Huawei has reportedly reiterated claims that it is working on its own mobile operating system as a fall back in case of further problems between itself and the US government. The company’s top mobile division executive, Richard Yu, says that the measure is effectively a ‘plan B’. That seems to strengthen earlier comments from Huawei indicating that it doesn’t necessarily want to be forced to switch over from Google’s widely popular Android OS.
The comments are not without reason
Huawei's decision to reaffirm its efforts to build out a new operating system is not surprising, following more than a year of back-and-forth between the world's second largest Android manufacturer and US authorities. The country has repeatedly called out Huawei as effectively acting as a front from Chinese government spying, going so far as to threaten diminished cooperation with allied nations that choose to use the company's networking infrastructure for 5G.
The Chinese tech giant doesn't enter into that fray, which now includes a lawsuit against the country, with its own hands clean either. Huawei executives have been caught blundering into espionage using tactics more fitting for a spy thriller than the real world. Additionally, the US is currently attempting to extradite and prosecute another executive recently arrested in Canada for allegations related to trade violations and fraud.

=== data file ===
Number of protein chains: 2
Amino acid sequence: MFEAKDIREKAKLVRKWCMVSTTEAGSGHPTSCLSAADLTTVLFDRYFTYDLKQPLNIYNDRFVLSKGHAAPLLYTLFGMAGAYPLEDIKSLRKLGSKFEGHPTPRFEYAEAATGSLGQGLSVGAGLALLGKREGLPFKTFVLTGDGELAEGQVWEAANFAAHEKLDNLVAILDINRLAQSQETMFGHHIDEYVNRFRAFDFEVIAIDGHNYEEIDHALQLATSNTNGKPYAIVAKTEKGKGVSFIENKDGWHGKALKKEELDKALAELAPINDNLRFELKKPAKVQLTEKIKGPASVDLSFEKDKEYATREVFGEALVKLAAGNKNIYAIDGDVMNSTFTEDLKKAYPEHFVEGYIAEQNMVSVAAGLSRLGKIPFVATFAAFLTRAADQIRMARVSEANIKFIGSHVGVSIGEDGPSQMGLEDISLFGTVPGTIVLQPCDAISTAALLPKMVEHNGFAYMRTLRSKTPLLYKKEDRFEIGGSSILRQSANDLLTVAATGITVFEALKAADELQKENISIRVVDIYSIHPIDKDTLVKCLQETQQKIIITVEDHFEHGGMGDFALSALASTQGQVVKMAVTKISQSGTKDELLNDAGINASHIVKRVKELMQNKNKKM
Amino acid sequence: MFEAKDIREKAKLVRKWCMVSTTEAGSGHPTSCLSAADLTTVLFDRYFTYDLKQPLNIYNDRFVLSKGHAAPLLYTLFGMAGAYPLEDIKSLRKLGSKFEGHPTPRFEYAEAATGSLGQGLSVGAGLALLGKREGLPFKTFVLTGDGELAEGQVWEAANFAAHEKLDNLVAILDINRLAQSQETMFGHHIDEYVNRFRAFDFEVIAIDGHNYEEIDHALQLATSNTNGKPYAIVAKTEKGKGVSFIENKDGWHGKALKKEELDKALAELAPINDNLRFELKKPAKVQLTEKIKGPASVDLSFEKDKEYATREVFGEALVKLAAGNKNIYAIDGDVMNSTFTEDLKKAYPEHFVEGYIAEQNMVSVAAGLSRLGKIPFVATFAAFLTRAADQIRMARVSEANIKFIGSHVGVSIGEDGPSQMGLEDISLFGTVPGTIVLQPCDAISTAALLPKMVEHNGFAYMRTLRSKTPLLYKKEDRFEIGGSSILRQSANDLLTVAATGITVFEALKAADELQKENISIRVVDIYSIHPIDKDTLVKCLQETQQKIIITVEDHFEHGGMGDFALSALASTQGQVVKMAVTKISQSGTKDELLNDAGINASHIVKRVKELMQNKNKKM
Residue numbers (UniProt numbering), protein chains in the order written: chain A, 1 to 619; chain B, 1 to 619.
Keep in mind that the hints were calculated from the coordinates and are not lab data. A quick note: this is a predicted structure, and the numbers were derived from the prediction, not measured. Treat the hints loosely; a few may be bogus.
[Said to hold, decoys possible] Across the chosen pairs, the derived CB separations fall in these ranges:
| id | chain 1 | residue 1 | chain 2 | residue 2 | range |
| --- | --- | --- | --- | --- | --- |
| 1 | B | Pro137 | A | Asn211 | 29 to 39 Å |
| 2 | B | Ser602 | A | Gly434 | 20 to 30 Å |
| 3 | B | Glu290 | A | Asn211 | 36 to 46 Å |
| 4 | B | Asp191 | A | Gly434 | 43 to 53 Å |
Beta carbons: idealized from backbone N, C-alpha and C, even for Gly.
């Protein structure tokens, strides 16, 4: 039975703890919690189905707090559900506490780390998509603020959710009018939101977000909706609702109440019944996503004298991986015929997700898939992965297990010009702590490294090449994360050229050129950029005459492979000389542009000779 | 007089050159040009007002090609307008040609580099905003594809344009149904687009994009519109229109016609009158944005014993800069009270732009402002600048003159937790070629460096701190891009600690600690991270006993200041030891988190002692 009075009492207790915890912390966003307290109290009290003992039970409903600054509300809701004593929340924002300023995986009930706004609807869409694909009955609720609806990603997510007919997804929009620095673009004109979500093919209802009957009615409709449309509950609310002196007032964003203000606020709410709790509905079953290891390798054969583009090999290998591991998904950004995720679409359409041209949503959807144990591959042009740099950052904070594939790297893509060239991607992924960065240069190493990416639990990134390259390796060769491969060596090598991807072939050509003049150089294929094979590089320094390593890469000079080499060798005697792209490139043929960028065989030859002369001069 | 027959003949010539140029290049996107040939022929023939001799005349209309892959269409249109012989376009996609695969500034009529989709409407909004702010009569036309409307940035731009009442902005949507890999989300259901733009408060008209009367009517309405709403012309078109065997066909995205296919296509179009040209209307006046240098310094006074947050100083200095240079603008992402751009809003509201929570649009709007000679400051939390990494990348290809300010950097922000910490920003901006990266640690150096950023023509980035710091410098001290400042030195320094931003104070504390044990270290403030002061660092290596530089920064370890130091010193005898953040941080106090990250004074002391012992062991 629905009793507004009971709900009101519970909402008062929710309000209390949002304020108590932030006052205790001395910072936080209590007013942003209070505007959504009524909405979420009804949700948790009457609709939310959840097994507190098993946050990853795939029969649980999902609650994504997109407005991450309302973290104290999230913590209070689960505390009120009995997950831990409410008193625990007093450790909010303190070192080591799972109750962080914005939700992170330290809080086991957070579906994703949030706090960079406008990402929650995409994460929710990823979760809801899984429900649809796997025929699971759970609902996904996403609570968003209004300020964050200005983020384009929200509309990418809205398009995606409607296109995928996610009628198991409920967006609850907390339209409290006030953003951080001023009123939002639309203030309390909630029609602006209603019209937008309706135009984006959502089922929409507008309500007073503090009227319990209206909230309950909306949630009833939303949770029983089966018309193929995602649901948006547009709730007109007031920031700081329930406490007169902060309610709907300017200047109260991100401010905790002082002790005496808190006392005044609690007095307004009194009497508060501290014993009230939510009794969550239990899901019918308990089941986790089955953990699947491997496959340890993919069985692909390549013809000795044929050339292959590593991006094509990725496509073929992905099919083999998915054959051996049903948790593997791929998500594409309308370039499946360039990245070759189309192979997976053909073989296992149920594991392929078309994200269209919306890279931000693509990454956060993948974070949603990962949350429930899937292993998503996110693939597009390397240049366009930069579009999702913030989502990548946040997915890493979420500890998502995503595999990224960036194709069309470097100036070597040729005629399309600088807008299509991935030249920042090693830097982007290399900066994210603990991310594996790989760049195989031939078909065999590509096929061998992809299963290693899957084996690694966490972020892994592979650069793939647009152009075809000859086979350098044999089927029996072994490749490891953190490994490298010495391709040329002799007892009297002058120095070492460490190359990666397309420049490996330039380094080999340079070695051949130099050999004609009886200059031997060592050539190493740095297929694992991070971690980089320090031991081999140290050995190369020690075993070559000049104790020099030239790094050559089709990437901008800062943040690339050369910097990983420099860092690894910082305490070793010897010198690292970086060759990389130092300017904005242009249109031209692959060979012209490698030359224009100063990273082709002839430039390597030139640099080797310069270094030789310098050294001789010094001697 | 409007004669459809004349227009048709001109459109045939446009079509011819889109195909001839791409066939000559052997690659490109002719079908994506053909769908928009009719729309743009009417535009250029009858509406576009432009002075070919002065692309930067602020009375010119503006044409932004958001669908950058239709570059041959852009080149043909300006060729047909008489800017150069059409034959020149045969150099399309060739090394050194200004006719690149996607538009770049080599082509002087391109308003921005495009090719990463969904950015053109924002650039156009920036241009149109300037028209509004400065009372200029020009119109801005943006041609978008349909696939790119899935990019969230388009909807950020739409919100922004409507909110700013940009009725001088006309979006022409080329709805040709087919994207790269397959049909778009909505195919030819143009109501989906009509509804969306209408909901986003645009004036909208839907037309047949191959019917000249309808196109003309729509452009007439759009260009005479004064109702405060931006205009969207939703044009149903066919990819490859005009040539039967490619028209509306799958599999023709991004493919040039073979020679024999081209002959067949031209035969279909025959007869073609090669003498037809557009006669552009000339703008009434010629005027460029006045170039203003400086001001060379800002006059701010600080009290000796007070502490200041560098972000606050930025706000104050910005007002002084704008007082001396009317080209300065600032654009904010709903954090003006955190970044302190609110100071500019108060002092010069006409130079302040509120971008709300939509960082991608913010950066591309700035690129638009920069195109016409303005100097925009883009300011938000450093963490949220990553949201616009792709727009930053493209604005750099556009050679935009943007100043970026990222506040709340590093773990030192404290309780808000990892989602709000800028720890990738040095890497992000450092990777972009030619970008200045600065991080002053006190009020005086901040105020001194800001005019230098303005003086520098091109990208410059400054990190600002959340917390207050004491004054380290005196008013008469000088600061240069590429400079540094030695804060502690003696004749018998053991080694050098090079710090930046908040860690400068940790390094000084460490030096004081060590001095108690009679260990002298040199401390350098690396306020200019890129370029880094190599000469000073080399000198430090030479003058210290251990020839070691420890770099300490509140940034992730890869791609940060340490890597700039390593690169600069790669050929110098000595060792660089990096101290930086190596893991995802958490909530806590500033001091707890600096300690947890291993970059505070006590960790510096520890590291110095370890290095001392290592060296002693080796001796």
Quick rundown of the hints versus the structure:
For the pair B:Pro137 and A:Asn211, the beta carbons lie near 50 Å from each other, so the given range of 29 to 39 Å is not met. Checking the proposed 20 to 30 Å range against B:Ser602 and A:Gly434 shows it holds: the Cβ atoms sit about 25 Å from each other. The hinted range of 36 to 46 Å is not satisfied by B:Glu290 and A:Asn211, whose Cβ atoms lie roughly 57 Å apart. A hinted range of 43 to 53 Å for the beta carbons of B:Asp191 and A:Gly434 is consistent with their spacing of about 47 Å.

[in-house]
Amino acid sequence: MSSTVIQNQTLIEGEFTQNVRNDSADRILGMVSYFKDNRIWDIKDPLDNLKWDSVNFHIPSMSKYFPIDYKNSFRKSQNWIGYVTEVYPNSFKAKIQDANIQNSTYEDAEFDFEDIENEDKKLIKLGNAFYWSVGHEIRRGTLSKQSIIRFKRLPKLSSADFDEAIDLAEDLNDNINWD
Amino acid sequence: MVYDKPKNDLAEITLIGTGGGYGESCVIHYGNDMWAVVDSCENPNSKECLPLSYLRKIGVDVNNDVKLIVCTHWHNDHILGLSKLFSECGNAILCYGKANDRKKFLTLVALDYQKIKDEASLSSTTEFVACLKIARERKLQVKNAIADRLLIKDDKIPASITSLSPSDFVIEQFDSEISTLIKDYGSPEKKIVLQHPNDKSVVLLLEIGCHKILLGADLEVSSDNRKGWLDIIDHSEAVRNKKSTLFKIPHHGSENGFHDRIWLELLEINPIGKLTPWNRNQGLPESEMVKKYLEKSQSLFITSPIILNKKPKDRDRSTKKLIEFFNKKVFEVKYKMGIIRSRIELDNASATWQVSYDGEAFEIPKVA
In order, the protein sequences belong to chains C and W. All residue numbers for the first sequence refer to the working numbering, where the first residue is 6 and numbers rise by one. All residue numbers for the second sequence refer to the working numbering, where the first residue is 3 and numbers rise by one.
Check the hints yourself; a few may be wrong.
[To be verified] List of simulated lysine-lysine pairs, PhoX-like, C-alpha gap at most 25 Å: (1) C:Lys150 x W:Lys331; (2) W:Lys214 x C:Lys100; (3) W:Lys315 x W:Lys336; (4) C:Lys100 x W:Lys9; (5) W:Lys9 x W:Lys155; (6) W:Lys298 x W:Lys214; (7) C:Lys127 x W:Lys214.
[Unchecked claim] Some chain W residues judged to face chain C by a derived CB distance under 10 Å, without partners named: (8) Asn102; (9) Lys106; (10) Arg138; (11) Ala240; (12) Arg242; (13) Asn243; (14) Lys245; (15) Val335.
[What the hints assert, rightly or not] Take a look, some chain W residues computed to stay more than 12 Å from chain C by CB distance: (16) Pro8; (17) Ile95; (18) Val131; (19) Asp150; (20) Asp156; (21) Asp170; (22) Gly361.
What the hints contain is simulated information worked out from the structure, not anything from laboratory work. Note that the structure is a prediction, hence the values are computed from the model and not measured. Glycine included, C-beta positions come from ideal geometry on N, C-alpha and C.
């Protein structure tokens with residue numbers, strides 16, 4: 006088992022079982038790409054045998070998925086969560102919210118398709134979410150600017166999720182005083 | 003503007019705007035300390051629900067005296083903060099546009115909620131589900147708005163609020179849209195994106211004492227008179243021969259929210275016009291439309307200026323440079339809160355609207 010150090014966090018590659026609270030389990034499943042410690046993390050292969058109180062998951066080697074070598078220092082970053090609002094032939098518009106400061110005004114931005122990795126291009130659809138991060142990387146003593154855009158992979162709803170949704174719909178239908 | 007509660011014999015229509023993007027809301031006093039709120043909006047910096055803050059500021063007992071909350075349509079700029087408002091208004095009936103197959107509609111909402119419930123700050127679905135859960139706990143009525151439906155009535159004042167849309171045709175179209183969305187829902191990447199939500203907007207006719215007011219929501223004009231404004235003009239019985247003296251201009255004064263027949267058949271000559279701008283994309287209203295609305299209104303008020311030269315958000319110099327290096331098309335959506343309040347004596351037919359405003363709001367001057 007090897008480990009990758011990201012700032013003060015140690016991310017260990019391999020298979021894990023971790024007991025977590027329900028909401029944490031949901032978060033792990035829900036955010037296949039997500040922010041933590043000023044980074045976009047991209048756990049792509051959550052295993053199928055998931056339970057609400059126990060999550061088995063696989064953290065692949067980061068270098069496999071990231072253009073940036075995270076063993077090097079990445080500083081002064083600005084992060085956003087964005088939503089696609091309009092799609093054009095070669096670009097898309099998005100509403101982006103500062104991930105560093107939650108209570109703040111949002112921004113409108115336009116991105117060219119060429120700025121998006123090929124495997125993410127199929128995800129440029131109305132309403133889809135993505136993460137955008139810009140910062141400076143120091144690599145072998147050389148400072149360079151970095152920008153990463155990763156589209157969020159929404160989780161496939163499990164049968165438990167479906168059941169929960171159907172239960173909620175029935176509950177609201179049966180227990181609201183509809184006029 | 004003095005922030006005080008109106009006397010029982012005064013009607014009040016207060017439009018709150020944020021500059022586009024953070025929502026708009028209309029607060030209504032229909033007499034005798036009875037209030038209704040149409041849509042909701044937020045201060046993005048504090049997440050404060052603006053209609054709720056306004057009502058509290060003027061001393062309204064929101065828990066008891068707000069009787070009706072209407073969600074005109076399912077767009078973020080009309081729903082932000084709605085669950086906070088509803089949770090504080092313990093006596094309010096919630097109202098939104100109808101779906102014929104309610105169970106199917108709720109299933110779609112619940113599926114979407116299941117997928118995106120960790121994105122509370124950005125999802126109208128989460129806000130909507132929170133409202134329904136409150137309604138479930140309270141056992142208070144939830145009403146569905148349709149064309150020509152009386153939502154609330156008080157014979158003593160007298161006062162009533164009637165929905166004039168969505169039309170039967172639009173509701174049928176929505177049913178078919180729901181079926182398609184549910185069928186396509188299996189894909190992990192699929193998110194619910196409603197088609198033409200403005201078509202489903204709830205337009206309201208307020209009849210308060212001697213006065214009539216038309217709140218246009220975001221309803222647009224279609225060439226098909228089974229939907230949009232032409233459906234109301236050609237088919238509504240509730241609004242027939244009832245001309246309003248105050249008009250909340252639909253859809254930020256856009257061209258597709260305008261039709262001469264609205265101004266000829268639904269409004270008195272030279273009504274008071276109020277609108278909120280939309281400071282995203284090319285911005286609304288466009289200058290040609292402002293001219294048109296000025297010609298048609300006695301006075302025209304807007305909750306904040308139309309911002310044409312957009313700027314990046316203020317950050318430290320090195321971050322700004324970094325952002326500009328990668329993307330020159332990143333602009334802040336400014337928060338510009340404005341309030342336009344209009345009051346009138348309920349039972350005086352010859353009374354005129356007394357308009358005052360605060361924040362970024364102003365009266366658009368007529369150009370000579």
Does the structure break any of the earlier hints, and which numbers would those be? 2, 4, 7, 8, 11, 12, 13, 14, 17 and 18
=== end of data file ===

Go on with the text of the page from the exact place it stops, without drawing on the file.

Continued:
The most recent development in Huawei's bout with the US centers around a comparatively mundane string of statements made by founder Ren Zhengfei against US security policy and more directly against current US President Donald Trump. Mr. Ren -- whose daughter is currently being held at the request of US authorities --criticized the policies and practices being enacted and encouraged by the US as both frivolous and more symbolic than genuinely effective.
Nothing new here but tensions are growing
As suggested above, the newest statements from the company aren't necessarily anything new. Instead, they serve as a reinforcement of previously made announcements and may represent a fundamental shift in how seriously Huawei is taking matters.
Prior to its reiteration, Huawei had been rumored to be testing an alternative to Android OS -- built and maintained via an open-source project by US-based Google. At various points over 2018 and leading into 2019, those rumors were both denied and confirmed, leading to some confusion about its plans but that no longer seems to be the case.
Marked by multiple statements pertaining to the OS, Huawei appears to recognize that tensions between itself and the US over of its alleged ties to the authoritarian Chinese government are not becoming less prominent. Even as the handset maker continues to gain new ground in the Android market against top contenders Apple and Samsung, the chance that it will be entering more deeply into western markets is shrinking.
If relations deteriorate further, it stands to lose access to Android OS entirely due to the fact that it's headquartered within the US. If that does happen, lacking an alternative would leave the company in the undesirable position of either having to negotiate terms with the US on an unequal footing or losing the progress its made in the mobile market.